Get canned

HANCOCK COUNTY — Summer is here, gardens are starting to produce, berries are being picked and people are thinking about preserving some of the great-tasting fresh produce to use later in the year.

While people have been processing vegetables for years, some of the methods have been found to be less than ideal. It is important that you read and follow the most up-to-date information available.

One of the respected guides to food preservation is prepared by the USDA and is available through the Extension office. It explains the best methods to preserve almost all types of foods.

In addition, did you know that Purdue Extension has a variety of brochures that are available for free and can easily be downloaded on your computer? Each brochure contains the most up-to-date information about preserving foods at home.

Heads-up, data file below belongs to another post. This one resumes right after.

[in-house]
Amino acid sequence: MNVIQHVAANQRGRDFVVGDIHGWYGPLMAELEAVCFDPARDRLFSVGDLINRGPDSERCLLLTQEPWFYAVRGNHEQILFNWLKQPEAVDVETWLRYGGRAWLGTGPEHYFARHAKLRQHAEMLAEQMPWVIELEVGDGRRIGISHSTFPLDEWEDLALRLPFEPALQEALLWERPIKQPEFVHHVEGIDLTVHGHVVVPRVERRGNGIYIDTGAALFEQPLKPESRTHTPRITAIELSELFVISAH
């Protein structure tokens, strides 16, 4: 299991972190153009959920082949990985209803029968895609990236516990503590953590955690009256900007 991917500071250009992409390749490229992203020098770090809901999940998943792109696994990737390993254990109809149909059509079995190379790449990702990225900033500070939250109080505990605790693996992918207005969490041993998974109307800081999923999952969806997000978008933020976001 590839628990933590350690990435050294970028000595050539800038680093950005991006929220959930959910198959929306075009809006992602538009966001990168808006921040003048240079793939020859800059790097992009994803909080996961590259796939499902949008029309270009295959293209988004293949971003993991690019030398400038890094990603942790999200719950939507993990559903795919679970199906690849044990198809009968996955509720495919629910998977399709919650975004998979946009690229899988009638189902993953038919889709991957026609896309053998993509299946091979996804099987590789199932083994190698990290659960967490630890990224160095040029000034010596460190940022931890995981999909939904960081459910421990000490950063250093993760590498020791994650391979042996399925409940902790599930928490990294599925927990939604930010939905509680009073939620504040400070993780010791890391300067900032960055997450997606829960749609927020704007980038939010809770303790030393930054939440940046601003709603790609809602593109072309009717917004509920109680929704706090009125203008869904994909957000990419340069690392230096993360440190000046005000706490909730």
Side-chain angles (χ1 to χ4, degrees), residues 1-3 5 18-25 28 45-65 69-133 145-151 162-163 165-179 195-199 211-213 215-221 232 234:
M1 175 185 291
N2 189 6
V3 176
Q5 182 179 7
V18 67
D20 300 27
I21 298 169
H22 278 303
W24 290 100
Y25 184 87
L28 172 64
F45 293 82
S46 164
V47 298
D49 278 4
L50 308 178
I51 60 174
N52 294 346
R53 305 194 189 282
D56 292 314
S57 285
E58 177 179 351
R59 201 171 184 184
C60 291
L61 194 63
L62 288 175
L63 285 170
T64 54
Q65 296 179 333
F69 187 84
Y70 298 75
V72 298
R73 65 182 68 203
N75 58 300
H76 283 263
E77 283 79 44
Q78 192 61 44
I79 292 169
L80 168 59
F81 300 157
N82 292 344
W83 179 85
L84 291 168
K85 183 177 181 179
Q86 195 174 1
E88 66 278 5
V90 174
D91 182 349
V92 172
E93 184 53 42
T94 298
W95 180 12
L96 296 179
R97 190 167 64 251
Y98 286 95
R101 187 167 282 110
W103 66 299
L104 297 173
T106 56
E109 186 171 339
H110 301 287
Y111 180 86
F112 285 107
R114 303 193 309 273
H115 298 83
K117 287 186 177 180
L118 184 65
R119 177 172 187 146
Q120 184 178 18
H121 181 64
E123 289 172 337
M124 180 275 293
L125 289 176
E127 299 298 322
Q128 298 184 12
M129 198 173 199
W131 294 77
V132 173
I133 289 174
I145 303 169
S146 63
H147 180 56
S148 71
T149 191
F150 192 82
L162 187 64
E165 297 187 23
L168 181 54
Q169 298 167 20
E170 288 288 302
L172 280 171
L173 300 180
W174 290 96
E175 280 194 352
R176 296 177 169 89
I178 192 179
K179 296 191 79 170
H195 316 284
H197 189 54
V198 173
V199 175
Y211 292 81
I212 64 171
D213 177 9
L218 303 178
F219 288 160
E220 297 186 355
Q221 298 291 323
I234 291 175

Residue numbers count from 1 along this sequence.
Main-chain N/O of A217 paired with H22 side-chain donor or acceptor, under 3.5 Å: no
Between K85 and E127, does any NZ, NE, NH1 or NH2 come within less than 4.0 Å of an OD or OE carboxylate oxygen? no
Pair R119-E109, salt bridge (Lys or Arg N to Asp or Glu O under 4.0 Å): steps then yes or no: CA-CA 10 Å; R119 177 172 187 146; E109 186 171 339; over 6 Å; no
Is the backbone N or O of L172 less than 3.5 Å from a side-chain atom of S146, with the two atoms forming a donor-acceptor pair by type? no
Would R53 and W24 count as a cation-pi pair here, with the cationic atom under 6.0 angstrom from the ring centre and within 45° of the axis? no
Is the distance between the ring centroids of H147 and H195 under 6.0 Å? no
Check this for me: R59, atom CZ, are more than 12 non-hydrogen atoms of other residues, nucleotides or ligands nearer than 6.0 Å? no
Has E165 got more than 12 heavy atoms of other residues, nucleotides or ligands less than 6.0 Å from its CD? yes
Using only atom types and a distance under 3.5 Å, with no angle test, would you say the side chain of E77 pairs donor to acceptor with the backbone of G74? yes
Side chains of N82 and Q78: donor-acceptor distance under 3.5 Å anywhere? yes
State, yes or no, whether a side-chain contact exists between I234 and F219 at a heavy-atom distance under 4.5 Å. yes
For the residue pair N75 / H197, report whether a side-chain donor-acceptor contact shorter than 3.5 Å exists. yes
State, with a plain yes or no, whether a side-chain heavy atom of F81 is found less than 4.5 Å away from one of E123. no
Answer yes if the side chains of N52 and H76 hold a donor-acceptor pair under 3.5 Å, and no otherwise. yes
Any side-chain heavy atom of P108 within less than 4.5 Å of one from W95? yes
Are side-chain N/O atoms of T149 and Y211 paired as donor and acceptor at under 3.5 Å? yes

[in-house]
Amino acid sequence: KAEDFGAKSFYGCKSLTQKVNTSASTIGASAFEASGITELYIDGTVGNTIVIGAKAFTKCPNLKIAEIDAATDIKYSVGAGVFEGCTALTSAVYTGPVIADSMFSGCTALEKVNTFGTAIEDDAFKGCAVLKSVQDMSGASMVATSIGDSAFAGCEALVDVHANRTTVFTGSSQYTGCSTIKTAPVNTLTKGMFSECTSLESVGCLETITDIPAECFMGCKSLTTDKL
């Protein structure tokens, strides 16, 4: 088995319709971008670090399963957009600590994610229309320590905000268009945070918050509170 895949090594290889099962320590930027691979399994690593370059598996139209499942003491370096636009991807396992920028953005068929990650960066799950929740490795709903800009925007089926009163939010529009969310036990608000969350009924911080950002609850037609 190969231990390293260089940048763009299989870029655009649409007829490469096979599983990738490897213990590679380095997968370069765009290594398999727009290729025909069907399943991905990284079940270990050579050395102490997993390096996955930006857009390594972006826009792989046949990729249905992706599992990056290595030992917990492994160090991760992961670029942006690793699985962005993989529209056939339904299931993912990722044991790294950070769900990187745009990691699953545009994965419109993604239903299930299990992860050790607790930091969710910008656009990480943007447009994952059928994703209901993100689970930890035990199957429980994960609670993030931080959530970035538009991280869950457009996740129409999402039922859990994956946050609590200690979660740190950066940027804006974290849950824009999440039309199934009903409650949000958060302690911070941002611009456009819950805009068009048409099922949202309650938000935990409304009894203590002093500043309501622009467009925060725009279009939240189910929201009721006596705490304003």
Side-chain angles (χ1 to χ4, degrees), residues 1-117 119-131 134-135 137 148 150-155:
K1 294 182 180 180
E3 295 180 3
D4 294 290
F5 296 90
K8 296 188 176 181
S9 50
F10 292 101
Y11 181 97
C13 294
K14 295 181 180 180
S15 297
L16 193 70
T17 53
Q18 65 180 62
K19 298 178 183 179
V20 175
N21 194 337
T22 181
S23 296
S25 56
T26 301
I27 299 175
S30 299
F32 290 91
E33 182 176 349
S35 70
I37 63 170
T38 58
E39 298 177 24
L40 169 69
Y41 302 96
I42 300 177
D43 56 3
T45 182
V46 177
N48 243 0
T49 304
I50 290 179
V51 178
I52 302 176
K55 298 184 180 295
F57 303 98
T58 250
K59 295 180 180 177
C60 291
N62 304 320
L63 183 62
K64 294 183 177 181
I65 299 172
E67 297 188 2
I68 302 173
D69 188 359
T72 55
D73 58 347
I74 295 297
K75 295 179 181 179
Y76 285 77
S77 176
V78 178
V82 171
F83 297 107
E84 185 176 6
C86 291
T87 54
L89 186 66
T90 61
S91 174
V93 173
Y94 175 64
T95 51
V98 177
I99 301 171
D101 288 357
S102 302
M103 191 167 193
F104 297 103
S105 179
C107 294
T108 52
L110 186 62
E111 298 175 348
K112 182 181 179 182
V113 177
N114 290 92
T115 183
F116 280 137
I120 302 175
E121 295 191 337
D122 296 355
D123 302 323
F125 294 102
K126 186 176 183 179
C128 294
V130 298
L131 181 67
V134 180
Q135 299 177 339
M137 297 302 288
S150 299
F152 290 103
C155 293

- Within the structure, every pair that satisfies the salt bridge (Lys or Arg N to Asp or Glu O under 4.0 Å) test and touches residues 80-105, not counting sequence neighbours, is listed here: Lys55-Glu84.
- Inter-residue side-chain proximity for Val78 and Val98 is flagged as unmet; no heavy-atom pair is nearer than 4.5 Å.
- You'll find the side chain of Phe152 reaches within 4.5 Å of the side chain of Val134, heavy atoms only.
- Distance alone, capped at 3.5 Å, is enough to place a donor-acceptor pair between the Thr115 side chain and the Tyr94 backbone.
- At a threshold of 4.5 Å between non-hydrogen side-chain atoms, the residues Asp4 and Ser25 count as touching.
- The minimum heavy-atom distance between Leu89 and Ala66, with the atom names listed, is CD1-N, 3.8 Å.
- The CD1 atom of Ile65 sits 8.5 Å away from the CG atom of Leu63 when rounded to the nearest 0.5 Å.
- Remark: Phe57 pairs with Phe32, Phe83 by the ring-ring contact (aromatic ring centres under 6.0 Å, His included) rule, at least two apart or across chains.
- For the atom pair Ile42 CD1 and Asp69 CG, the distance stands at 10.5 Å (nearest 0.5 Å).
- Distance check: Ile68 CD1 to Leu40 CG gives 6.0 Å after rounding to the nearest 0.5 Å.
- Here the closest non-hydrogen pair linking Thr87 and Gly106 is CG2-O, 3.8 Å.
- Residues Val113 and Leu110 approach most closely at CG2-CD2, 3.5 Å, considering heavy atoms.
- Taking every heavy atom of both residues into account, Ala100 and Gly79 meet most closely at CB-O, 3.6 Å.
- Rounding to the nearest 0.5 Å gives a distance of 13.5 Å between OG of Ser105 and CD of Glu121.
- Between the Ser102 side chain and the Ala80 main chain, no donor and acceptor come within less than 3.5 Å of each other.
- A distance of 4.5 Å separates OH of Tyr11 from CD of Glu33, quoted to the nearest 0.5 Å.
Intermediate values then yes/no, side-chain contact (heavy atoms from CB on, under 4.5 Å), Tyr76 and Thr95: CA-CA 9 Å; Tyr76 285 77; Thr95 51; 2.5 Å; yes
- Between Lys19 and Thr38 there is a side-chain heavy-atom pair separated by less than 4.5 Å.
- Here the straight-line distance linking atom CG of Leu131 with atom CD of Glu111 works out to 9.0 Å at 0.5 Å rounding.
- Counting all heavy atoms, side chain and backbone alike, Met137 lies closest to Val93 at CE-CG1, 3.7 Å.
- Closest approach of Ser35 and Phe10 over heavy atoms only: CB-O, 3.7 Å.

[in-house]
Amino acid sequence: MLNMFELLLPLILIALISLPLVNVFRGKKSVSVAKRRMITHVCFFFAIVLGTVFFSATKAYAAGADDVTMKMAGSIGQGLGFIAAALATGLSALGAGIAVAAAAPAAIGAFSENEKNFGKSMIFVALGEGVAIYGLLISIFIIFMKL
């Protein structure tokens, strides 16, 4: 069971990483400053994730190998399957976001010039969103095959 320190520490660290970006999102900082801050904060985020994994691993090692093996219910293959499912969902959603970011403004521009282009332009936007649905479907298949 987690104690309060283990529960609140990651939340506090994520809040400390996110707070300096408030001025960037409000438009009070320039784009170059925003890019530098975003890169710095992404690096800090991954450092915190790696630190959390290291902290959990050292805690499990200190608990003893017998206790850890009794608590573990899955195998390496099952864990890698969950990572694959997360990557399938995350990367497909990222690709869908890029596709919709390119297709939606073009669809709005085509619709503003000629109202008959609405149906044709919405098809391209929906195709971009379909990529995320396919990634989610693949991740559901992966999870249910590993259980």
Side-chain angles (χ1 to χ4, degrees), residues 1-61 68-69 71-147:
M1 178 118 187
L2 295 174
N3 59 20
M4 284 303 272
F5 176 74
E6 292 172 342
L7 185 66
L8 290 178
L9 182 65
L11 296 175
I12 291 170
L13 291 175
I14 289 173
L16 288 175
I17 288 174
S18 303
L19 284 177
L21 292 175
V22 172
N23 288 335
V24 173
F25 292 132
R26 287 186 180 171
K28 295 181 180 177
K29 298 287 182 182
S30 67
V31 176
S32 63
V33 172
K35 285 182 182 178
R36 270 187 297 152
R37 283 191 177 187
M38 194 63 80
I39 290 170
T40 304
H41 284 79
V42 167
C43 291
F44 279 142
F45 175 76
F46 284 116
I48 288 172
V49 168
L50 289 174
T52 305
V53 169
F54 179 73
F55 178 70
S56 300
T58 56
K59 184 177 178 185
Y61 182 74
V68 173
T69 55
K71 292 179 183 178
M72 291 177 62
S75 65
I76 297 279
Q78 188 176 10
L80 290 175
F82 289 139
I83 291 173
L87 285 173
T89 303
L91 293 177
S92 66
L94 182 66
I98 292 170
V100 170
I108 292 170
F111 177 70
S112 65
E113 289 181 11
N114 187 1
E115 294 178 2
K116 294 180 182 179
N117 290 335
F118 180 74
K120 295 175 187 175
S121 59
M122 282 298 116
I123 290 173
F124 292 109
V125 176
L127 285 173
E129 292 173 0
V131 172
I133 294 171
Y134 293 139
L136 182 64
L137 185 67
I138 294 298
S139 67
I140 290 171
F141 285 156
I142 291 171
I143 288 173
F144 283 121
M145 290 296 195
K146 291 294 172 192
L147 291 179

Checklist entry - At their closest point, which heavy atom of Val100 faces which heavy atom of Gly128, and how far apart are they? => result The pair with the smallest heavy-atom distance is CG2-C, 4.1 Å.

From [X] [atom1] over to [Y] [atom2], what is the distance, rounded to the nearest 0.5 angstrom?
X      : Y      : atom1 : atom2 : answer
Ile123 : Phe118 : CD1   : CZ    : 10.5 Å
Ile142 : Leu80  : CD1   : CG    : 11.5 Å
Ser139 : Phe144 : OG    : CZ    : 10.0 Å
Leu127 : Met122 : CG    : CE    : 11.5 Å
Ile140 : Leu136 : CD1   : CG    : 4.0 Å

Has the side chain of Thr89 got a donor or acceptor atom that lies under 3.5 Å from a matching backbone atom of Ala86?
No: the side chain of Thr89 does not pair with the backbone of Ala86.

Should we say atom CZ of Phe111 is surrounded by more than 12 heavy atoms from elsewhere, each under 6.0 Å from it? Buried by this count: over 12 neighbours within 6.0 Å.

“Let’s preserve” topics include basics of home canning, freezing vegetables, meats and poultry, tomatoes, drying fruits and vegetables, cherries, strawberries, peaches, apricots, nectarines, apples, fruit pie fillings, jellies, jams, spreads, drying herbs, peppers, snap beans, sauerkraut and quick-process pickles.

To access these brochures, go to extension.purdue.edu and type “Education Store” in the search box.

There are hundreds of other materials available at the same site on a wide range of topics. Any item that says free download can be printed at home at no cost. Brochures and the opportunity to get your pressure gauge checked are also available at the Hancock County Purdue Extension office.

When canning food at home, always follow the approved methods. Research has shown that some of the methods that were used for years are no longer considered safe to use. Just because Grandma did it 50 years ago does not mean it is a safe practice.

If you are going to invest your time and effort, as well as the cost of the produce, be sure you preserve it safely.

Enjoy the fruits of the harvest, both now and next winter as well.